Presentation on theme: "Unit Two The Fun They Had. What kind of school would you want to have in the future? How much will the computer be involved in the future education."— Presentation transcript:
What kind of school would you want to have in the future? How much will the computer be involved in the future education ? Will you feel more happy in a more developed, high-tech society?Why or why not ?
List the differences of schooling between now and the future: material : --real book;printed on paper; yellow; crinkly; -- tele-book; E-book; on the screen ; can be changed
Teacher—a real man ; communication; emotional; not perfectly correct --- mechanical teacher; giving test after test; \ no communication; large; cold; black; ugly;\ more smart and always be correct
Classroom—teaching building; many students are taught the same thing together \ --- in his or her own house; needless to leave home; each kid could be taught differently; \ the classes are always on at the same time every day
Homework and test --exam; test; paper writing; essay writing --write them out in a computer by pressing the keys;\ them put them on the slot
1 Margie even wrote about it that night in her diary. On the page headed May 17, 2157, she wrote, “Today Tommy found a real book.” 2 It was a very old book. Margie’s grandfather once said that when he was a little boy his grandfather told him there was a time when all stories were printed on paper. 3 They turned the pages, which were yellow and crinkly, and it was awfully funny to read words that still instead of moving the way they were supposed to—on a screen, you know. And then, when they turned back to the page before, it had the same words on it that it had had when they read it the first time.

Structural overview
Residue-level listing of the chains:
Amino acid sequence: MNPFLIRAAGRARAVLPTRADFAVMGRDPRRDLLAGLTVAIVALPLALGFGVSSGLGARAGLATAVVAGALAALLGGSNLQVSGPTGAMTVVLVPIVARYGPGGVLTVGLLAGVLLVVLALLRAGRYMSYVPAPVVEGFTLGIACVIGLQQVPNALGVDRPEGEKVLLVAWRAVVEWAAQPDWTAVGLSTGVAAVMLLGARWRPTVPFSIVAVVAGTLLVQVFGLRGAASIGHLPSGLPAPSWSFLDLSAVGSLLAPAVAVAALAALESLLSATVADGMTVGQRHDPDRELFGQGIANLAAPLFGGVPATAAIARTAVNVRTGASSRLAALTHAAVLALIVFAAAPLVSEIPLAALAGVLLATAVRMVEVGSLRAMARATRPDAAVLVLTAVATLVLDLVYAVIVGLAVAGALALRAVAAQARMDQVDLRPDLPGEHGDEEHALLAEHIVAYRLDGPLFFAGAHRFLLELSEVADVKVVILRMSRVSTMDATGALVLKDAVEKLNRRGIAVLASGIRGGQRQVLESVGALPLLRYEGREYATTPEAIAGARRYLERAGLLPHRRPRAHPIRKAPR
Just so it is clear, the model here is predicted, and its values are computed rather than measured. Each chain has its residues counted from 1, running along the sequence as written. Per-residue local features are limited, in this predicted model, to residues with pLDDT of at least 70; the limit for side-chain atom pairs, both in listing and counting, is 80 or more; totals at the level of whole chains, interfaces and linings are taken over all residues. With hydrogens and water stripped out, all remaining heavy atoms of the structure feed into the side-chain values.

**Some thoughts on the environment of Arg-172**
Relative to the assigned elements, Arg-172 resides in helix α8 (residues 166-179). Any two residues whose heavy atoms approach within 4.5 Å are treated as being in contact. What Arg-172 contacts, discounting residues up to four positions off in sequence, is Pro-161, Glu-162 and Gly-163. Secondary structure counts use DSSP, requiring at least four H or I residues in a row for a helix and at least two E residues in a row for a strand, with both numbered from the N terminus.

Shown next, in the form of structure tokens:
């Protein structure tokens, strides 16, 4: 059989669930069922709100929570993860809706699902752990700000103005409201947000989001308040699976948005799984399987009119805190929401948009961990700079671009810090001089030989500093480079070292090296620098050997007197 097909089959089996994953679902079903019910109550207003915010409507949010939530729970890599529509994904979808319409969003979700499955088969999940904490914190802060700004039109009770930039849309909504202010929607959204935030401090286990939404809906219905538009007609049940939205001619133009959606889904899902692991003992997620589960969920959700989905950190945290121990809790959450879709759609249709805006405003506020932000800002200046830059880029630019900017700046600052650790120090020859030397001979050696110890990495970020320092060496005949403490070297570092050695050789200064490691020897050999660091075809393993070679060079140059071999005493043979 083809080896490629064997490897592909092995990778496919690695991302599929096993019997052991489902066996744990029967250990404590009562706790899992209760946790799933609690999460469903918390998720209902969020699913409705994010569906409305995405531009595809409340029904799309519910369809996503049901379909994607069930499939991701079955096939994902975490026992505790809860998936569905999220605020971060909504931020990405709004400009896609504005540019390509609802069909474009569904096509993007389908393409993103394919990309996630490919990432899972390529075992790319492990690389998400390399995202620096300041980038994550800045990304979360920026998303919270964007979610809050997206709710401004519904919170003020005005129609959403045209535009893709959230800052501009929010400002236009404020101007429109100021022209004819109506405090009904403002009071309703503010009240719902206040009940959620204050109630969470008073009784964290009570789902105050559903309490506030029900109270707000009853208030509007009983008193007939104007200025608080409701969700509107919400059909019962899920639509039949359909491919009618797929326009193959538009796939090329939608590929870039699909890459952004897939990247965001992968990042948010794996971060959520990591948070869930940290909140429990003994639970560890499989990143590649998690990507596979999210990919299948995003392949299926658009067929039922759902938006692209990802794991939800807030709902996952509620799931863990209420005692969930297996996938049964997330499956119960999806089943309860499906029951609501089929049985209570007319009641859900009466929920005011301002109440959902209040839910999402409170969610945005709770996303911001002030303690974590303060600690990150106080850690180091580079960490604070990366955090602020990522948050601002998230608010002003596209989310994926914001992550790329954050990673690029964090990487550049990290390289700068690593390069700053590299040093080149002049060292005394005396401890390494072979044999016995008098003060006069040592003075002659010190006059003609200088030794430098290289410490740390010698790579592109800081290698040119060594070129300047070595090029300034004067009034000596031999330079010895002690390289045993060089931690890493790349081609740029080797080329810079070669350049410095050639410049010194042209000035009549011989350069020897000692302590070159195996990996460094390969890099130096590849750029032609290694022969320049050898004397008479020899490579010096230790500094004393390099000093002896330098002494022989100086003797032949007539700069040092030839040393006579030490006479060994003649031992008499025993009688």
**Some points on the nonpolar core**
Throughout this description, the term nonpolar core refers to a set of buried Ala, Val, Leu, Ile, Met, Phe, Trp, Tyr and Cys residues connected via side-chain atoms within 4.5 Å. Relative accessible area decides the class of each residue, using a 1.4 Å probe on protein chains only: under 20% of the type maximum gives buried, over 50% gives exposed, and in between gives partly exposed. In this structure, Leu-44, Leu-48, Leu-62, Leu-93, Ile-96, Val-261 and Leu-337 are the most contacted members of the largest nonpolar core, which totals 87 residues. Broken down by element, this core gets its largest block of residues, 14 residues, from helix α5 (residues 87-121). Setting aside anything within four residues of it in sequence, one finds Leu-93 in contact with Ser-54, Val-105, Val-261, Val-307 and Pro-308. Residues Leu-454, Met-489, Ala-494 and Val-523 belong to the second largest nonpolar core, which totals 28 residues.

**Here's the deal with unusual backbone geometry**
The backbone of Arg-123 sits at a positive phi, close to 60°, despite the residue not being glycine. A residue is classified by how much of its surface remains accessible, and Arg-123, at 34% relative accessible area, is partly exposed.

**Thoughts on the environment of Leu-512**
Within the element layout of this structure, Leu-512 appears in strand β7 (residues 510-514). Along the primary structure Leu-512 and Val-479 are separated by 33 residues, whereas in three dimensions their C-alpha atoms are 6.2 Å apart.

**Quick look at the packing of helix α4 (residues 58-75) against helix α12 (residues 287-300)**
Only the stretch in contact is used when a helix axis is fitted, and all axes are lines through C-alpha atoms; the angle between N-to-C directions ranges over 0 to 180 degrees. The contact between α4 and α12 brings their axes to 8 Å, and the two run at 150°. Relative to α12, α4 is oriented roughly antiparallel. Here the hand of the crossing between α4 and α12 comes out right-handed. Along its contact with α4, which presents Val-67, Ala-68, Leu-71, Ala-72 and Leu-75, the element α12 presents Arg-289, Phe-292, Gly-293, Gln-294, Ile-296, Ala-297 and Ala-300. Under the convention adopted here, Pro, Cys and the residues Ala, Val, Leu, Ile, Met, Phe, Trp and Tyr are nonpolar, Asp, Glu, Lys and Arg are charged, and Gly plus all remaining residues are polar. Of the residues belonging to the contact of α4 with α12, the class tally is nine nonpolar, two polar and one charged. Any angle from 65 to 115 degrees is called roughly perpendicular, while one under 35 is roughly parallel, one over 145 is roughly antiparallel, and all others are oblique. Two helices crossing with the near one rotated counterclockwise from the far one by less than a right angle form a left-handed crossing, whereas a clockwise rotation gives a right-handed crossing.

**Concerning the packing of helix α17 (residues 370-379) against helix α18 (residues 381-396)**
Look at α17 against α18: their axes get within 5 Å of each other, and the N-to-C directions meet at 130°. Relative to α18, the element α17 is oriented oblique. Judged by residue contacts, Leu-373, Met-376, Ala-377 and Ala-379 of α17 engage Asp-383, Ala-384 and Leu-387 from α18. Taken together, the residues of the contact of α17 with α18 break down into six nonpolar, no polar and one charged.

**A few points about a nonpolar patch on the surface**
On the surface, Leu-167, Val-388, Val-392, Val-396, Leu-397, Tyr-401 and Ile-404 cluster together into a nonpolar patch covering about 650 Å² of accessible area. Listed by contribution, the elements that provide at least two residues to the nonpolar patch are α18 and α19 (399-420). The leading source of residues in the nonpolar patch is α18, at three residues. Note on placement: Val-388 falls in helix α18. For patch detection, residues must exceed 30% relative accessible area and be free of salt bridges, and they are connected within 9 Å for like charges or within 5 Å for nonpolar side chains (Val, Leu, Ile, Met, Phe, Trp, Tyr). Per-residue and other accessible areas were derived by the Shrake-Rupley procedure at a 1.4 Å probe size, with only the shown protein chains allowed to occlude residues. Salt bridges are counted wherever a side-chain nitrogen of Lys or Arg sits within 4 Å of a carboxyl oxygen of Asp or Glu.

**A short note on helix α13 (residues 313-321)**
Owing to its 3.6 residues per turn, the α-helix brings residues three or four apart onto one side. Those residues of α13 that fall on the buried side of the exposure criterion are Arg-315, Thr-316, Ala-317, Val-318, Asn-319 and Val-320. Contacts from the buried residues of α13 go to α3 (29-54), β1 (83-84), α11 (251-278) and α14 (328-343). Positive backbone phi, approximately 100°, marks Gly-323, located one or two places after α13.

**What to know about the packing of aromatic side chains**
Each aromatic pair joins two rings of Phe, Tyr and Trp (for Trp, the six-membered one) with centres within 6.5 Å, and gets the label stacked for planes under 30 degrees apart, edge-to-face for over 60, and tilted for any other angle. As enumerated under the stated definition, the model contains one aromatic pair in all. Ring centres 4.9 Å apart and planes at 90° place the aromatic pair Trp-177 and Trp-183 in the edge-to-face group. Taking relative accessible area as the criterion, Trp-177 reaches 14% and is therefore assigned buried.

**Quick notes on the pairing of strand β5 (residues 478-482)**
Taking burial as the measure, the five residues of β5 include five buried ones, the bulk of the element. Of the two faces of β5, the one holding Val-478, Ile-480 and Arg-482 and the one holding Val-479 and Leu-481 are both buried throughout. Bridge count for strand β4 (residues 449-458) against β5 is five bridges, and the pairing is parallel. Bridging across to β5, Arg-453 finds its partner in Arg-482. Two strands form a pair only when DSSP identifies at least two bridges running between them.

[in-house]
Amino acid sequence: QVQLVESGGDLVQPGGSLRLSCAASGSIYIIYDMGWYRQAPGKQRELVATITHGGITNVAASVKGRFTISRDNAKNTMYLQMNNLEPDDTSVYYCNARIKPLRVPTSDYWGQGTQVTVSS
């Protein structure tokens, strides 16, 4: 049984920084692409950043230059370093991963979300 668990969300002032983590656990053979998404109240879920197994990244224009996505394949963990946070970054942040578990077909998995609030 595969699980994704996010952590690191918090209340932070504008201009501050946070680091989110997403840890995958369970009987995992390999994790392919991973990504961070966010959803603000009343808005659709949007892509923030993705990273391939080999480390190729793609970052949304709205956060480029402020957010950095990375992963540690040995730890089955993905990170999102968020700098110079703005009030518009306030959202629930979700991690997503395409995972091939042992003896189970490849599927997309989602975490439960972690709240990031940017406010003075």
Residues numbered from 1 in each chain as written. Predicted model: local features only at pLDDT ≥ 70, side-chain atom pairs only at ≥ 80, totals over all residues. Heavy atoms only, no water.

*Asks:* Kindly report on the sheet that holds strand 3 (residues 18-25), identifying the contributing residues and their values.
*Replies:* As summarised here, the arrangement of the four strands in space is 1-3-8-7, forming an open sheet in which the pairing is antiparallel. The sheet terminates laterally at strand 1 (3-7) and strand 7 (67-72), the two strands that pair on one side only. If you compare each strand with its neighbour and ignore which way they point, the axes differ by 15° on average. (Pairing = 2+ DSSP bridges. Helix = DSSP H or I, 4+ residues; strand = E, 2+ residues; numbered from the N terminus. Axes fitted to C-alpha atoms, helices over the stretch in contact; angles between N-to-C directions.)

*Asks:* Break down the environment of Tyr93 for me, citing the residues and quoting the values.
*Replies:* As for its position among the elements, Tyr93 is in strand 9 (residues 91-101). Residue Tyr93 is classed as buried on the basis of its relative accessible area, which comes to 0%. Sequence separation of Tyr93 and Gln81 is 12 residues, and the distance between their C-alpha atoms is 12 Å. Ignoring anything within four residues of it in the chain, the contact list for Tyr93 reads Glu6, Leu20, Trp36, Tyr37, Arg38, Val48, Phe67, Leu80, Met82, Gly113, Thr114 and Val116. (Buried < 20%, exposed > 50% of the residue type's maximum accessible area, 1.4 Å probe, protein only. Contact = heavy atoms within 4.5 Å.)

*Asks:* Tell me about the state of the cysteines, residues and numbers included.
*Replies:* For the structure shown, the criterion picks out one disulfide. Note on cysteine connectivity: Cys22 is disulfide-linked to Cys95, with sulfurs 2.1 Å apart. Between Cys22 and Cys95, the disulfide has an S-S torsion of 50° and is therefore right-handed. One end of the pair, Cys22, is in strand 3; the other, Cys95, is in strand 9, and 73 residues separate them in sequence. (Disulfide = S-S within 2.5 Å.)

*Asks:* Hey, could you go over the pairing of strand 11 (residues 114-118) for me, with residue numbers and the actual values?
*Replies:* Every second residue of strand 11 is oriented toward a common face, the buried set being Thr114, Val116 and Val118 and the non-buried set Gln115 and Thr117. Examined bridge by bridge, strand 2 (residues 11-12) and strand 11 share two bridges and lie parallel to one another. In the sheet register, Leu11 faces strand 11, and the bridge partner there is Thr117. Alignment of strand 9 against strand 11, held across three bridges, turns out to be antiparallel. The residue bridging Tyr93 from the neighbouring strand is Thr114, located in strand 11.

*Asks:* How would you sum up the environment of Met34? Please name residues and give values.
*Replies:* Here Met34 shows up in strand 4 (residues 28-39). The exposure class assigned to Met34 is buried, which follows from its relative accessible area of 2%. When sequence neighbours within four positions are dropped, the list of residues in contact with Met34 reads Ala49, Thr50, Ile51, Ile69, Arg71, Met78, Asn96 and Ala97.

4 “Gee,” said Tommy, “What a waste! When you’re through with the book, you just throw it away, I guess. Our television screen must have a million books on it and it’s good for plenty more. I wouldn’t throw it away.” 5 “Same with mine,” said Margie. She was eleven and hadn’t seen as many telebooks as Tommy had. He was thirteen. 6 She said, “Where did you find it?” 7 “In my house,” he pointed without looking because he was busy reading. “In the attic.”
8 “What’s it about?” 9 “School.” 10 Margie was scornful. “School? What’s there to write about school? I hate school.” 11 Margie always hated school, but now she hated it more than ever. The mechanical teacher had been giving her test after test in geography and she had been doing worse and worse until her mother had shaken her head sorrowfully and sent for the County Inspector.